Dr. Luisa Vigevani and Dr. Domenica Marchese

Post docs at the Centre of genomic Regulation, Barcelona, Spain
Volunteers at the University of Khartoum, Sudan, in April 2017

“What mainly rewarded us from this volunteering experience was to see that students were very curious and excited to learn, but also very eager to show and discuss with us their projects and results. This, in fact, was an interesting occasion of professional growth also for us!”

Carolina Thieleke Matos

Former postdoc at Postdoctoral Researcher at Imperial College London and University College of London, London, UK
Volunteered at the IMTU University, Tanzania, in January 2017

“When IMTU University asked me to join them for a couple of months I could not believe it. Luckily I was able to take that opportunity and in six months I was flying on my way to Dar es Salam to teach parasitology.  I can tell you that I ended up learning more than teaching.  Thanks to Trend in Africa organization, this kind of exchange is now possible and everyone that has the chance should do it!”


One of Carolina’s students said:

“It was really a great honour and privilege meeting Madame Carolina and spending a few months with her, apart from her friendly nature it was very eye opening and encouraging for me to learn more about what is really out there and she has only just increased my curiosity to keep on striving to attain new knowledge and information only to apply them in my home town and try making it a better place…”


Click here to learn more about TReND’s Volunteering Program now

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Applications open now: 7th Neuroscience school, Gombe, Nigeria Tue, 01 Aug 2017 13:20:37 +0000 We are excited to announce the 7th installment of our annual Drosophila Neurogenetics course, this time to be held at Gombe State University, Nigeria.

13th November – 2nd December 2017.

Deadline Sept 1st 2017. Applications are now closed!

For an impression of previous schools, see here:

Past neuroscience schools

– 4th IBRO school on insect neuroscience and Drosophila neurogenetics, KIU Dar es Salaam campus, Tanzania. 24th October 13th November 2016 . Course Booklet, Picture Gallery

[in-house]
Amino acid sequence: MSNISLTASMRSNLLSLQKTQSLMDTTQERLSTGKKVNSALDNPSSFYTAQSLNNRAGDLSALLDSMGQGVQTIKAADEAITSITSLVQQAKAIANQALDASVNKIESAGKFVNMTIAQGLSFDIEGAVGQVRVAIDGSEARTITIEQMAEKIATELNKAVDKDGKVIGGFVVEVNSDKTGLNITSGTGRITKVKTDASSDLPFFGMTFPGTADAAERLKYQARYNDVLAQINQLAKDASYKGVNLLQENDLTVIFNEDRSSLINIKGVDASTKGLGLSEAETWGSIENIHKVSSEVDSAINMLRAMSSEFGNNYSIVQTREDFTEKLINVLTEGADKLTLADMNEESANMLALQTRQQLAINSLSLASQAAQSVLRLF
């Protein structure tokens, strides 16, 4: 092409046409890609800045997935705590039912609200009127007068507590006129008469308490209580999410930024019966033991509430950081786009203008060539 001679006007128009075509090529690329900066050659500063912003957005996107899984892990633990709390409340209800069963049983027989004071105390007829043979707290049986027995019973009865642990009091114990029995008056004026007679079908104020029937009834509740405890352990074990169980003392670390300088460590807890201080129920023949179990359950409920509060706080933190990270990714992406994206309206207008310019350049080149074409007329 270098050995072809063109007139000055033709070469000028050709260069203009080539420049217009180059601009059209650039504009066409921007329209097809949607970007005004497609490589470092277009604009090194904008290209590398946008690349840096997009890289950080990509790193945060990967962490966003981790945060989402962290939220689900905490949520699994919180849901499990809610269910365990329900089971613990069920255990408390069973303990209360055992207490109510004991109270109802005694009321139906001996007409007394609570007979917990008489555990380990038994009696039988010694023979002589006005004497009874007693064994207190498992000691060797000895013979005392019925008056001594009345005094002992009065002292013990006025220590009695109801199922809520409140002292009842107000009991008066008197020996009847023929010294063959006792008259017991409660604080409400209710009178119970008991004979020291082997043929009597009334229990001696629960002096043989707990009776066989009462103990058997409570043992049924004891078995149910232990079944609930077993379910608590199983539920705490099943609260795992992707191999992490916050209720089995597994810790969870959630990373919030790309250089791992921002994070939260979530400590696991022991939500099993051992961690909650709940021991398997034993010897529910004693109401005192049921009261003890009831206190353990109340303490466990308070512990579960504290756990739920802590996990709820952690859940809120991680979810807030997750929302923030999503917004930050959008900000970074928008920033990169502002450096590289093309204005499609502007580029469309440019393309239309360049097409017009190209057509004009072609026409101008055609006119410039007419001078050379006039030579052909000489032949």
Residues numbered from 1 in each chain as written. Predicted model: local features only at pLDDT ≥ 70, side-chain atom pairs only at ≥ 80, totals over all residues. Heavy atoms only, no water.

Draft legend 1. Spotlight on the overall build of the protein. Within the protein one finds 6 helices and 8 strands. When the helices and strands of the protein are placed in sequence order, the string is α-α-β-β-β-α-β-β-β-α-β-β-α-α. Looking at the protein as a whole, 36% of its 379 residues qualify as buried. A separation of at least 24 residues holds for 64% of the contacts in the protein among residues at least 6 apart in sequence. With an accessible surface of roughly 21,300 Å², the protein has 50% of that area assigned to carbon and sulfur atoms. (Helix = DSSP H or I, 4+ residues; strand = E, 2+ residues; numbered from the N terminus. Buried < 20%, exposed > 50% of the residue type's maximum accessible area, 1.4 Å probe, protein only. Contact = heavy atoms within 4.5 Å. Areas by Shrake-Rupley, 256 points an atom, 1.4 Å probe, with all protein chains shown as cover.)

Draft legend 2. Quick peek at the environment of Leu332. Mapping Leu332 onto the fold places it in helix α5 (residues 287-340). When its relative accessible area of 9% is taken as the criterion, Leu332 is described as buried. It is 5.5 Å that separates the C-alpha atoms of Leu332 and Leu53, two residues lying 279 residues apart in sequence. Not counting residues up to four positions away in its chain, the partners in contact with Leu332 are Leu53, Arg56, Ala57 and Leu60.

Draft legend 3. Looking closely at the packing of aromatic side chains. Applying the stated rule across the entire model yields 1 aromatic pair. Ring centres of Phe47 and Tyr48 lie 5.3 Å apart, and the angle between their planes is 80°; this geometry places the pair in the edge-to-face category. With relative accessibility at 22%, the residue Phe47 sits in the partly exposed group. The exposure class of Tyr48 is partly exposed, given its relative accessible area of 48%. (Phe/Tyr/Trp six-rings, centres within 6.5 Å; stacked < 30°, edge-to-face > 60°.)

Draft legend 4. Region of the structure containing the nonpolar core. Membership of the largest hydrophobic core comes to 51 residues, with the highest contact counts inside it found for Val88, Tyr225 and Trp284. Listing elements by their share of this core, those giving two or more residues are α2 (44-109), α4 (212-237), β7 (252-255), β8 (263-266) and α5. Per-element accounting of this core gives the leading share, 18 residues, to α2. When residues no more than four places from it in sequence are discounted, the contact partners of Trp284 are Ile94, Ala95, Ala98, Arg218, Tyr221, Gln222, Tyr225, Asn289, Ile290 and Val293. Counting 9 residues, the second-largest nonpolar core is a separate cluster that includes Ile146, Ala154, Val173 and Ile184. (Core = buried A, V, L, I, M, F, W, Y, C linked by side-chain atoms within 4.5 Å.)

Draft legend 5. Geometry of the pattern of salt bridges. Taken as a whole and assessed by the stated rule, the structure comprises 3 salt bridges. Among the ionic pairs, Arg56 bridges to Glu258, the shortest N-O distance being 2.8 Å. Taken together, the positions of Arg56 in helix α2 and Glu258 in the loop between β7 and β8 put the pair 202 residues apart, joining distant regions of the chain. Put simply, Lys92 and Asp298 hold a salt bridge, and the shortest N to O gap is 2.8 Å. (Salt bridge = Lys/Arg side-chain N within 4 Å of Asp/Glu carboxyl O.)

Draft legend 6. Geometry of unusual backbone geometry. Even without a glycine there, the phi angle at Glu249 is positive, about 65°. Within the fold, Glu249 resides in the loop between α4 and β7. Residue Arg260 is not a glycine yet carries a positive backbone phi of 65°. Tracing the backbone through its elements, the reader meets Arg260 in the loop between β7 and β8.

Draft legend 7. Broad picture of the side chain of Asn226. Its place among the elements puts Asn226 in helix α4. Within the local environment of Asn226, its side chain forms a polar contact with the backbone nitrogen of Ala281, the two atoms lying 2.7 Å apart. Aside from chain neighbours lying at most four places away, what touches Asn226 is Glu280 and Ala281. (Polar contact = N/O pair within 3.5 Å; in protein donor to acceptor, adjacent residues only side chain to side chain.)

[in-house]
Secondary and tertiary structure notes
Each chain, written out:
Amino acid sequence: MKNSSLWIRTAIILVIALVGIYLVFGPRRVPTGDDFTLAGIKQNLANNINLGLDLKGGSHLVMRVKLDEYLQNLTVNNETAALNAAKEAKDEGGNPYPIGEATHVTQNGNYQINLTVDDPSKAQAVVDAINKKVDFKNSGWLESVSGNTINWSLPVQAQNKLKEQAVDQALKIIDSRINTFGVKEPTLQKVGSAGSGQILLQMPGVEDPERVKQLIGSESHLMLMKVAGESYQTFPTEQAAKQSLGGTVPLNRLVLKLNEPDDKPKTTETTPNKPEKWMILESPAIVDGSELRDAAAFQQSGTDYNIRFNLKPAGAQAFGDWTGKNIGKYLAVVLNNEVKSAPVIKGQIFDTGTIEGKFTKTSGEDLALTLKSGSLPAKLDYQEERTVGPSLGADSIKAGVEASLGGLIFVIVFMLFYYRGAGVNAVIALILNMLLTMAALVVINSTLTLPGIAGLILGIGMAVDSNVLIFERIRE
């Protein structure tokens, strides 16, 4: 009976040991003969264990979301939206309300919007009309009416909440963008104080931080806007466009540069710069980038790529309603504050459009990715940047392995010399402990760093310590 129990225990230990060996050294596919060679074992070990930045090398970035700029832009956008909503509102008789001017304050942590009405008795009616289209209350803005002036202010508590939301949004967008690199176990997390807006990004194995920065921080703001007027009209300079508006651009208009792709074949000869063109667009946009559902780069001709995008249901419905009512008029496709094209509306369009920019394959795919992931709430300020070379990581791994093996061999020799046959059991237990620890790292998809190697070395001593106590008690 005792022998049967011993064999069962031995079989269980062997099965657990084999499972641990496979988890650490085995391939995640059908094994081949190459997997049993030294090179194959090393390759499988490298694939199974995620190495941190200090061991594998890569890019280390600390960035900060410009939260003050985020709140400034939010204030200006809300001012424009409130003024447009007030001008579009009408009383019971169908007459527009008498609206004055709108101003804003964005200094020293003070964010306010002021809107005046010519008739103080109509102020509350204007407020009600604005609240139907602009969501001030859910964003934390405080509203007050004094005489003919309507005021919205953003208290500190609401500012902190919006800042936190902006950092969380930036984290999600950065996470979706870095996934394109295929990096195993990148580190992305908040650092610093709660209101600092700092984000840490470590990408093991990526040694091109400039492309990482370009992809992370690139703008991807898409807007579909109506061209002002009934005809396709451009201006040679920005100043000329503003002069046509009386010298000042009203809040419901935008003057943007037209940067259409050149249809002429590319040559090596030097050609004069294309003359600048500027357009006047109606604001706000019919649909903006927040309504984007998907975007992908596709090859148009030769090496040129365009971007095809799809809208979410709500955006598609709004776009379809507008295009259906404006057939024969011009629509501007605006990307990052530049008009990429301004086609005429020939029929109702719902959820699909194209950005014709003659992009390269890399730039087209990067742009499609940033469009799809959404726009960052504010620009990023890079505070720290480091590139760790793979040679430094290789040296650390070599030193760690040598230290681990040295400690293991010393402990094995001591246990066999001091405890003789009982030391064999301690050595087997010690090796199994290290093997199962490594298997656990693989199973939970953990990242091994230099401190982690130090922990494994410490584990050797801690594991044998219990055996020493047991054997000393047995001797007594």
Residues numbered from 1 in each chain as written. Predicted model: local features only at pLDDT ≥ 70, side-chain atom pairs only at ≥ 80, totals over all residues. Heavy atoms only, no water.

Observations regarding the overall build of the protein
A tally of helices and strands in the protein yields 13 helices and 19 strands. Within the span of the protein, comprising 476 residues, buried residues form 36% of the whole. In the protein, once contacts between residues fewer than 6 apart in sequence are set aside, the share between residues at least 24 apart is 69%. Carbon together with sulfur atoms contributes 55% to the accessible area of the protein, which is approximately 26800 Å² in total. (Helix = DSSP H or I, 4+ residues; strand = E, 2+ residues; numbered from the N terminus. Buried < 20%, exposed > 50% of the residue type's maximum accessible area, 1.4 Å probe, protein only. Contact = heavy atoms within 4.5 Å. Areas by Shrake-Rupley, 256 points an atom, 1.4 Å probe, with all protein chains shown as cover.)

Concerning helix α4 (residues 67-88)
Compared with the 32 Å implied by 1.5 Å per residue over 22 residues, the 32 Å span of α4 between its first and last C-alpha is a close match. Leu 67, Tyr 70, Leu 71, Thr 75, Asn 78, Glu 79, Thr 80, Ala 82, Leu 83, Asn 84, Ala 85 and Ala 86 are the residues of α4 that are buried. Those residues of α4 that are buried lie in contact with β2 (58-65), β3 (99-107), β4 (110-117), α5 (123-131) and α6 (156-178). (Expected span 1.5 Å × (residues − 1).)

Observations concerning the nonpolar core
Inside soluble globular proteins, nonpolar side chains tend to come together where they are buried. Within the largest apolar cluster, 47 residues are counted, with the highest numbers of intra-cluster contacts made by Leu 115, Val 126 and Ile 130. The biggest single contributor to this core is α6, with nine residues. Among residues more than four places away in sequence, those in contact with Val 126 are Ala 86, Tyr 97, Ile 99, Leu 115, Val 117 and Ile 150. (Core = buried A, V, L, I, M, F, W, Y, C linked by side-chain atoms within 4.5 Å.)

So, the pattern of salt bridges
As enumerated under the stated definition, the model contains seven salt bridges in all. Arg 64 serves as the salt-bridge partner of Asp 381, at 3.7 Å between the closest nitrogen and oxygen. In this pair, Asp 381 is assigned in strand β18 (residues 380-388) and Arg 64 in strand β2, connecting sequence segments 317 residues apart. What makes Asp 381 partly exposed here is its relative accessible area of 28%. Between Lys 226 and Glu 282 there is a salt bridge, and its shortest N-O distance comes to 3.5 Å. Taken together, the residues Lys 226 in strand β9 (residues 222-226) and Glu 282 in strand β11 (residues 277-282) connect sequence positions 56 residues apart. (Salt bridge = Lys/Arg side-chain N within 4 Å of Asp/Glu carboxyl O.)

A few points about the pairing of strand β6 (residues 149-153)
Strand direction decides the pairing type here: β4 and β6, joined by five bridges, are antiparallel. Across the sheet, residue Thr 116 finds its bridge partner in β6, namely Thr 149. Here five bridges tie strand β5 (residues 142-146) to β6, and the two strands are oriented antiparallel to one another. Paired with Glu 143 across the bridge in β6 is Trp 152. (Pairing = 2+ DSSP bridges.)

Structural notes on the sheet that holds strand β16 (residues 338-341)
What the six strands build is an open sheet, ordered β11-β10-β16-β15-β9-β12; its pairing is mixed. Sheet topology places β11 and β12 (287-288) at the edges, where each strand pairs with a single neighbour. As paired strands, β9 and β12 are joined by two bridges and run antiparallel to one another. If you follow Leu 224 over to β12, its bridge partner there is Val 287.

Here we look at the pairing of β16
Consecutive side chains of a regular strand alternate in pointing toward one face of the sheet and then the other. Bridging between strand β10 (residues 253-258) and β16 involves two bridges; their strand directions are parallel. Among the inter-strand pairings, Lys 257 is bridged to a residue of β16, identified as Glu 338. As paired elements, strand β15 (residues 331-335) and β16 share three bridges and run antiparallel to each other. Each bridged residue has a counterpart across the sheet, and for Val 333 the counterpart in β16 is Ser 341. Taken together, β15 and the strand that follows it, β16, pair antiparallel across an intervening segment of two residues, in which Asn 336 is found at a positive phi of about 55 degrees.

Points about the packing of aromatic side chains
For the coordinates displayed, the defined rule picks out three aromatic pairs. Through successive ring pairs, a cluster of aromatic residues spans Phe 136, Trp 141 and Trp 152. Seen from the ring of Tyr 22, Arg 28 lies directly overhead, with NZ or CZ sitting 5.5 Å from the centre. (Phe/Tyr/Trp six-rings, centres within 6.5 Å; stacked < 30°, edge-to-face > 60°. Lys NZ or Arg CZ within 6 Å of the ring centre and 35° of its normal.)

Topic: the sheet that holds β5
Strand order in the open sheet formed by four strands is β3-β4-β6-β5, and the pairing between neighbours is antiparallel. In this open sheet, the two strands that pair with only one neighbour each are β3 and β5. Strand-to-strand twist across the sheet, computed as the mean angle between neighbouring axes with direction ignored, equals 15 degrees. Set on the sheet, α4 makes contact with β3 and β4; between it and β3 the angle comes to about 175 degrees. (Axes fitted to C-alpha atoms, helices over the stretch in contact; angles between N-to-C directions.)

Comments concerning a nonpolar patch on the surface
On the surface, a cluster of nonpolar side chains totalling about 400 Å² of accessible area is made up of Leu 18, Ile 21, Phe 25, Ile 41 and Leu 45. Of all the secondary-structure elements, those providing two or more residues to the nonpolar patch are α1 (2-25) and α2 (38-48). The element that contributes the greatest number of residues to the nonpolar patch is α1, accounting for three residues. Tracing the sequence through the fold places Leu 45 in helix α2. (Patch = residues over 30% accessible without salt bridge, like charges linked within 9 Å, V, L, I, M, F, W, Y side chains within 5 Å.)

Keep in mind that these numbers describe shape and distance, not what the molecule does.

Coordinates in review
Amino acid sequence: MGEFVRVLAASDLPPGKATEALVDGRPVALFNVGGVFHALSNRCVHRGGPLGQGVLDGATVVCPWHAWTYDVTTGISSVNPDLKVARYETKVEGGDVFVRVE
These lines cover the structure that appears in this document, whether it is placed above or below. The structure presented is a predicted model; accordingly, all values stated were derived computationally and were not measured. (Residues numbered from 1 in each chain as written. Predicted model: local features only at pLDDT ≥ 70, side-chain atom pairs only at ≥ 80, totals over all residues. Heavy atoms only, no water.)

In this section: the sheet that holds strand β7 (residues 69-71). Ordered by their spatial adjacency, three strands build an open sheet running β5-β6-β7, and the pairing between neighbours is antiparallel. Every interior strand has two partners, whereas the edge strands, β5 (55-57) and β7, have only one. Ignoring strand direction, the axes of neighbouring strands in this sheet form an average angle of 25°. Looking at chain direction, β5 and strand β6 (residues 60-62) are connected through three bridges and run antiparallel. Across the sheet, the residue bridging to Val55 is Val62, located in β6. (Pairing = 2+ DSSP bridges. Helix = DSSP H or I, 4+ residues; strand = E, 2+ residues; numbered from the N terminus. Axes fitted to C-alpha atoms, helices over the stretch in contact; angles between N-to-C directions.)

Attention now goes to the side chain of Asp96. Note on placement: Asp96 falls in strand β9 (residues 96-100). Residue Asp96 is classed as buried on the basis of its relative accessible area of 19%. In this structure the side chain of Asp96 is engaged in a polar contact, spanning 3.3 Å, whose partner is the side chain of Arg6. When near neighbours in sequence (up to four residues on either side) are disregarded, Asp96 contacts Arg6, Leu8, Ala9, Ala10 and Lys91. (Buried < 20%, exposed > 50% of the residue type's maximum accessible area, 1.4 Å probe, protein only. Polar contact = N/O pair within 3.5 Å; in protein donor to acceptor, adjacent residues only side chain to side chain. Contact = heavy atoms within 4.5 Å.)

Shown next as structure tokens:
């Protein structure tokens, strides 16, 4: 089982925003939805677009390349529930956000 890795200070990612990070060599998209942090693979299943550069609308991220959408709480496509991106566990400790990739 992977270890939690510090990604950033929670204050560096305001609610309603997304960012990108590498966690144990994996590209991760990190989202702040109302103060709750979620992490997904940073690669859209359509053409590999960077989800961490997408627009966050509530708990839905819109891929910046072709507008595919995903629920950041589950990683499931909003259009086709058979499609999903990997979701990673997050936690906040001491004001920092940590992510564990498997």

–  5th TReND/ISN school on insect neuroscience and Drosophila neurogenetics, KIU Dar es Salaam campus, Tanzania. 17th August 05th September 2015 . Course Booklet, Picture Gallery

– 3rd IBRO school on insect neuroscience and Drosophila neurogenetics, Department of Zoology, University of Dar es Salaam, Tanzania. 11th-30th August 2014 . Applications will likely open in April 2014. Course Booklet, Picture Gallery

– 2nd IBRO school on insect neuroscience and Drosophila neurogenetics, School of Health Sciences, Kampala International University, Uganda. 19th August – 8th September 2013. Full report. programme. Course Booklet. Picture Gallery

– 1st IBRO school on insect neuroscience and Drosophila neurogenetics, School of Health Sciences, Kampala International University, Uganda. 20th August – 7th September 2012. report. programme. Course Booklet . Picture Gallery

– Drosophila neurogenetics course. School of Health Sciences, Kampala International University, Uganda. 10th – 29th October 2011. Blog of the course. Picture Gallery

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Outreach in Entebbe, Uganda Fri, 21 Jul 2017 09:20:33 +0000 Our outreach team used their spare time before the SONA Conference in Entebbe last month to inspire students from six secondary schools about science. They got the students to learn first hand, through experiments, about fractionating and estimating protein concentration in house flies; learned how to investigate learning and memory in fruit fly larvae; couple the DNA and some students even got to simulate brain signal speed and how it goes aberrant in cases of dementia. At the end, students made a presentation on their experiments, for which many won prizes and reagent leftovers were donated to all the schools that participated. Many thanks to Mahmoud, Yunusa and Sadiq for organising the outreach. We thank the Serpell lab, University of Sussex UK and the Galizia lab, University of Konstanz, Germany,  for donating some reagents used for the outreach.  See some pictures for impression.